Overall Rank: #8
Lone Peak dominates the imagination, skyline, and skiing of Big Sky, and construction of a tram up its east face (plus a south-side lift) five years ago was the key to transforming the former intermediate hill into an expert's sanctuary. Today, runs with technical rock gardens spill in sustained pitches from the north, south, and east sides of the peak.
The upper mountain catches a lot of weather, and the tram sometimes will get held because of wind, wind-loaded snow, and low visibility, but there's still great skiing on the lower reaches. Andesite Mountain is a good option for warm-ups or high-speed carve sessions, but the best choice is to hoof it to the A to Z Chutes, a short hike above the Challenger lift. Just watch for rocks wherever you are on the mountain; Big Sky is notorious for eating bases. And never ski untouched snow surrounded by tracks-the locals know where all the reefs are.
Top Elevation: 11,145 feet
Vertical drop: 4,350 feet
Snowfall: 258 inches (8,920')
Skiable Acres: 3,600
Big Couloir isn't the toughest test piece at Big Sky, but it's such a prominent line down Lone Peak that it will nag at you until you have it under your belt. It's wide enough to drive a bus down but has a tricky entrance, 40-degree-plus pitch, and occasionally ugly snow. To really knot up your stomach, try Castro's Shoulder: It's 50 degrees, tight and technical, and you do not want to fall.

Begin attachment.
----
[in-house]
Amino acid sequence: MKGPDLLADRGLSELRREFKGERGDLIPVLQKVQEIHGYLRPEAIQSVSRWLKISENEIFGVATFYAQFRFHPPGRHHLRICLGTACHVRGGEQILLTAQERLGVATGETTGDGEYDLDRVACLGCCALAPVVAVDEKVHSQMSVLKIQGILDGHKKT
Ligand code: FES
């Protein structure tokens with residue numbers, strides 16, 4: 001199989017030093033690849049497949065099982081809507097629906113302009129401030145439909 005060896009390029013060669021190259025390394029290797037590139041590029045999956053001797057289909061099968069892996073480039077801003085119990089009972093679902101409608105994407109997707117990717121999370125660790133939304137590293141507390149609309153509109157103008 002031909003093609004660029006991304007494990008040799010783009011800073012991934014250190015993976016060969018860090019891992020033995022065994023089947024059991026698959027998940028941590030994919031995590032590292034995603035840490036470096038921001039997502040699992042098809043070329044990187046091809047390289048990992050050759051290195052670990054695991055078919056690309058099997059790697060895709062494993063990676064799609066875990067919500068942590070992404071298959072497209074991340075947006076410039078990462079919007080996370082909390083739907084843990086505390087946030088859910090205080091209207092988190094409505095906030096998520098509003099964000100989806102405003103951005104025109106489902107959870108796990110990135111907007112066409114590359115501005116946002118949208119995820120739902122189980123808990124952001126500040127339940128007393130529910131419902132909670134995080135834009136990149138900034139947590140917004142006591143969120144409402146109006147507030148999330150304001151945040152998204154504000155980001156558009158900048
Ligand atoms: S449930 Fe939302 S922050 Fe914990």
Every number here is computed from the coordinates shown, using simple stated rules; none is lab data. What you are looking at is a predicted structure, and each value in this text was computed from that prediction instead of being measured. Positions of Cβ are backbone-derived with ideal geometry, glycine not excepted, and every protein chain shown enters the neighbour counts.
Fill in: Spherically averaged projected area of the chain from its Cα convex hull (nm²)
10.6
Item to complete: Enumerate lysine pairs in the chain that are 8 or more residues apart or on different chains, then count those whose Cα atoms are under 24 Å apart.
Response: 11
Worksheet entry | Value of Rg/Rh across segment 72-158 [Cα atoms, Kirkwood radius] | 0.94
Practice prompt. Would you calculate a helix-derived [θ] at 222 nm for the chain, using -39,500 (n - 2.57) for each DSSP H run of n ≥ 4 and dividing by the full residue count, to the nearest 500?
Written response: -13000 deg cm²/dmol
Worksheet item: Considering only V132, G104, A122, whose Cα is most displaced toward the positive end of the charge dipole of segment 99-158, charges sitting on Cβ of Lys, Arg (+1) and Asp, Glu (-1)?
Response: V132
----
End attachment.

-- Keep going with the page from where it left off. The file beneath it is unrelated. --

Midwinter Montana can be bitter. One year it got so cold, paint peeled off the lift towers. The optimist's view: Cold air means powder as light as cold smoke and snow that lasts. Big Sky doesn't get a ton of flakes-just 258 inches-but it's all grade-A white.
The closest thing to a rager at Big Sky is when local Austrians bust out their accordions and lederhosen beneath the antler heads at Chet's Bar in Huntley Lodge. To really fire it up, go to Bozeman.
"The Wave, below the Dictator Chutes, isn't always open, but when it is, it's great-steep, narrow, and full of snow. It goes from 25 feet wide to 10 or 15."